For instance, Greenpeace Canada’s volunteers and youth went through a Feel Think Act workshop together and envisioned a new post-COVID-19 world rooted in a new Just and Green Recovery program. This process involved much more creativity and imagination than the problem-based mentality that petition-style campaigning normally encompasses. Dialogues, discussions and different points of view are integral to building a better collective future.
Greenpeace India found the Feel Think Act process valuable for providing individuals in smaller cities with new opportunities to connect and strengthen resilience together. They started off with 25 people in the sessions, but were able to create networks with over 100 young changemakers in cities where Greenpeace India has not previously reached out to encourage them to engage and take action in diverse ways. Some of these actions included strengthening the farmer consumer connect, or taking on activities in lockdown like home composting and inspiring others in their neighbourhood. Starting with this, Greenpeace India was able to initiate youth groups in Kashmir, that started directly working with the Municipality to ensure policy changes, instead of only sending petitions.
Our experiment has taught us an important lesson.
If we, as campaigners and organisations, want to build people-powered campaigns and unlock activists, campaigners or supporters potential to shape up our societies in new creative ways, it is essential that we redefine the way we engage with our audiences in the first place.
Making space for deeper conversations is not only key to engaging with our audiences, but it can also help our audiences understand their feelings and emotions around many issues and uncover barriers to action that they are facing. By rethinking audience understanding as emotional understanding, we will be able to create additional and meaningful engagement experiences, which go beyond the traditional petition or donation asks. It will help campaigners and mobilisers to transition from being broadcasters to audience empathetic campaigners.
Incorporating a new human dimension into the way we campaign and communicate on the challenges we work on, be it climate change or global health emergencies, has become more important than ever. If there is something to be learnt from this pandemic experience, it is that we can’t go back to campaigning as usual.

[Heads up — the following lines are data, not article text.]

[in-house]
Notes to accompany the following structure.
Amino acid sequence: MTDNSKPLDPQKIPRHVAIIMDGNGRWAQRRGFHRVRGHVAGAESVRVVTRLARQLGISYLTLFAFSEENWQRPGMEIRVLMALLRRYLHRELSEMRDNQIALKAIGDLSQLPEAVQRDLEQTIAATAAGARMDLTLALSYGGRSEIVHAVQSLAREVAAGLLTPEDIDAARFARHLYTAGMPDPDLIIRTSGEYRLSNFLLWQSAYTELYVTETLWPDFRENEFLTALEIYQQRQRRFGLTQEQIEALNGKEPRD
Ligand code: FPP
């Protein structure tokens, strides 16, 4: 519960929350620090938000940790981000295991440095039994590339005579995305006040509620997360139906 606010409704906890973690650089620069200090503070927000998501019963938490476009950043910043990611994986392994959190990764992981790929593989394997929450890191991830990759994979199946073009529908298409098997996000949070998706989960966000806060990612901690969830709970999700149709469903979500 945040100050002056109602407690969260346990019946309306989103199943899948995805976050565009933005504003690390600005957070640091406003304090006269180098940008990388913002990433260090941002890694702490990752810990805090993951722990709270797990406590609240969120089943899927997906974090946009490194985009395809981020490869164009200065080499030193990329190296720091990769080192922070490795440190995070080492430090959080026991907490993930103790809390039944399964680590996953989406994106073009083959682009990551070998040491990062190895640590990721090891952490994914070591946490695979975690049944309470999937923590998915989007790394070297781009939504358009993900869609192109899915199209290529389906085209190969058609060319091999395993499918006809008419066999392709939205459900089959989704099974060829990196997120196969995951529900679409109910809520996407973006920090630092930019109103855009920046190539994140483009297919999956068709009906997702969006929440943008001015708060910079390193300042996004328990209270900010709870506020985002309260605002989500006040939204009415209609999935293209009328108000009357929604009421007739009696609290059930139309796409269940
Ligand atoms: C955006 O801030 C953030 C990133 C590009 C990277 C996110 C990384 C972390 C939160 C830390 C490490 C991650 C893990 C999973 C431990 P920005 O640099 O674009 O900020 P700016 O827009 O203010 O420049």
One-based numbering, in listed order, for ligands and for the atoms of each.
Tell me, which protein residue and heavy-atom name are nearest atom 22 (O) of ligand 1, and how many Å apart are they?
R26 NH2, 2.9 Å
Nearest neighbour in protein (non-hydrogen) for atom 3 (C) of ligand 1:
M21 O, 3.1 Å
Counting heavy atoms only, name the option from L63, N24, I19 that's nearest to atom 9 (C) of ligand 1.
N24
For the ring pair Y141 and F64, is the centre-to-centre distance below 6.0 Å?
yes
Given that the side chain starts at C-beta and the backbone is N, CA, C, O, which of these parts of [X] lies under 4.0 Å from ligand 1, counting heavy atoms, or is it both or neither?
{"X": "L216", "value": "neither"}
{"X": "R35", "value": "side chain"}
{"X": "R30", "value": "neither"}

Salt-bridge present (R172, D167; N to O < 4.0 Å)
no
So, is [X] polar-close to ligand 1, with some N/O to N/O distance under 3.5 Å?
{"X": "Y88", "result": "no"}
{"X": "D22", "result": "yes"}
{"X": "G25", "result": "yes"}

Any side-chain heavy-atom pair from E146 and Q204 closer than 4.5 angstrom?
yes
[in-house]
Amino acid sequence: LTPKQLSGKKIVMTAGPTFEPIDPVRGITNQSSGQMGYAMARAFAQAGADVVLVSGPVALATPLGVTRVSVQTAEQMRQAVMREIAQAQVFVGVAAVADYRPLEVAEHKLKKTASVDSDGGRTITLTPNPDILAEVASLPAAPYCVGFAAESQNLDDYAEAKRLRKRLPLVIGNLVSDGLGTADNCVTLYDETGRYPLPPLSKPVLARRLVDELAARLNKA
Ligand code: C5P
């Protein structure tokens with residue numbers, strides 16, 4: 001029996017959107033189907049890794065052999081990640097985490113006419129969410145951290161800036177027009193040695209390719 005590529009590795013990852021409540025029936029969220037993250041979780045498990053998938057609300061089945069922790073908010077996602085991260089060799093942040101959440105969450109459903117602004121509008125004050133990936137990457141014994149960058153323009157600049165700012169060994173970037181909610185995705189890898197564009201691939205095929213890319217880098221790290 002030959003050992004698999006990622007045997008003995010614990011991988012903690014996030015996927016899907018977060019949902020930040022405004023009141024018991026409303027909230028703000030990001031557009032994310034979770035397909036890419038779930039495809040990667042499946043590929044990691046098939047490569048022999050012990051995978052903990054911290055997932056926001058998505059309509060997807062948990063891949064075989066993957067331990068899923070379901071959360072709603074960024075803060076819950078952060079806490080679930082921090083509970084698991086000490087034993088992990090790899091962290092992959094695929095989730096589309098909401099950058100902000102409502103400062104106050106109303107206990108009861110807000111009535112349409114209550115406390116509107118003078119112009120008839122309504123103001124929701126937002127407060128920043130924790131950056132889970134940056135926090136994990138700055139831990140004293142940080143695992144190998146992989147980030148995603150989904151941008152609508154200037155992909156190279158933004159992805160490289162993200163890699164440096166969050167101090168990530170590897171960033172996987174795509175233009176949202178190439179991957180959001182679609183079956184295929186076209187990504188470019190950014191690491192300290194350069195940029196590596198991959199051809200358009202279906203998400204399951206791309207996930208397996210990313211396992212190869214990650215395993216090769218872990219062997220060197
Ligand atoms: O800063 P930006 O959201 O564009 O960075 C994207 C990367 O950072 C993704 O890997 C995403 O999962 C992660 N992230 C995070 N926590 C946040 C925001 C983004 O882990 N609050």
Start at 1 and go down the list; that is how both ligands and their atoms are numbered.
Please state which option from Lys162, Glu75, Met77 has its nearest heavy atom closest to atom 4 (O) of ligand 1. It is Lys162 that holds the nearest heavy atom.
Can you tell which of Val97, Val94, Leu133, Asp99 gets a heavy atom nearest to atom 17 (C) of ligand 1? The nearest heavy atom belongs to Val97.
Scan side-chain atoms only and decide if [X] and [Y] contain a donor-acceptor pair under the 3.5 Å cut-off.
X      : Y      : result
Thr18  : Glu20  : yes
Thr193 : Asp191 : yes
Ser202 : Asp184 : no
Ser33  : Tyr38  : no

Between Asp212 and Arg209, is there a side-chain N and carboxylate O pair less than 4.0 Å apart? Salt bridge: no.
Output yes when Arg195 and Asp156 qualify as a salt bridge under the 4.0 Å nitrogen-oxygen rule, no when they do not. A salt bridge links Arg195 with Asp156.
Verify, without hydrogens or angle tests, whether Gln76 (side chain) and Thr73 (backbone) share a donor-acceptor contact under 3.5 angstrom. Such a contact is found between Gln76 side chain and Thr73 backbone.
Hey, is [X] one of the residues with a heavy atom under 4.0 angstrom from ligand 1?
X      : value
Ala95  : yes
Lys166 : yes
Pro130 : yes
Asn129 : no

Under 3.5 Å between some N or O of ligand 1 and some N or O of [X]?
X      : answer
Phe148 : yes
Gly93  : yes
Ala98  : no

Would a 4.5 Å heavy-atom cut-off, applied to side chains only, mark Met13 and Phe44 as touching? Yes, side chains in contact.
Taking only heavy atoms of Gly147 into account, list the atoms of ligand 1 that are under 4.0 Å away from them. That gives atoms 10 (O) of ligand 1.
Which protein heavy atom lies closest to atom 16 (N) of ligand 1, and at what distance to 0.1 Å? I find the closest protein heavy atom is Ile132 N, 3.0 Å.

Embracing and addressing the emotional impacts that our world is having on individuals and ourselves is the uncomfortable step we all need to take to make sure we all are equipped with the resilience needed in the face of our present and upcoming challenges.
Ensuring spaces for activists, supporters, colleagues or volunteers to build emotional awareness, self-care and empathy, will allow them to take better care of themselves, our society, and therefore engage more effectively in our campaigns.
We can choose to either resist those changes and suppress our emotions, or embrace this new reality as our new testing ground and allow activists and campaigners around the world to emerge from it more resilient and empowered than ever.
We are currently working on open sourcing the Field Manual and various Blueprints of the Feel Think Act Journey, while collaborating with Force of Nature to build a Train the Trainer program too. If you’d like to use the Feel Think Act Journey to engage with your target audiences be them the youth, supporters or the general public, email Tamas Hovanyecz: email@example.com, Project Lead.
Mindworks is a Cognitive Science Lab supported by Greenpeace East Asia, using insights from psychology, cognitive- and social sciences to help our campaigners, organisations and individuals build skills for effective climate change communication and action. We design audience empathetic campaigns, create tools, and host learning experiences internally for Greenpeace and externally for civil society organisations and leaders.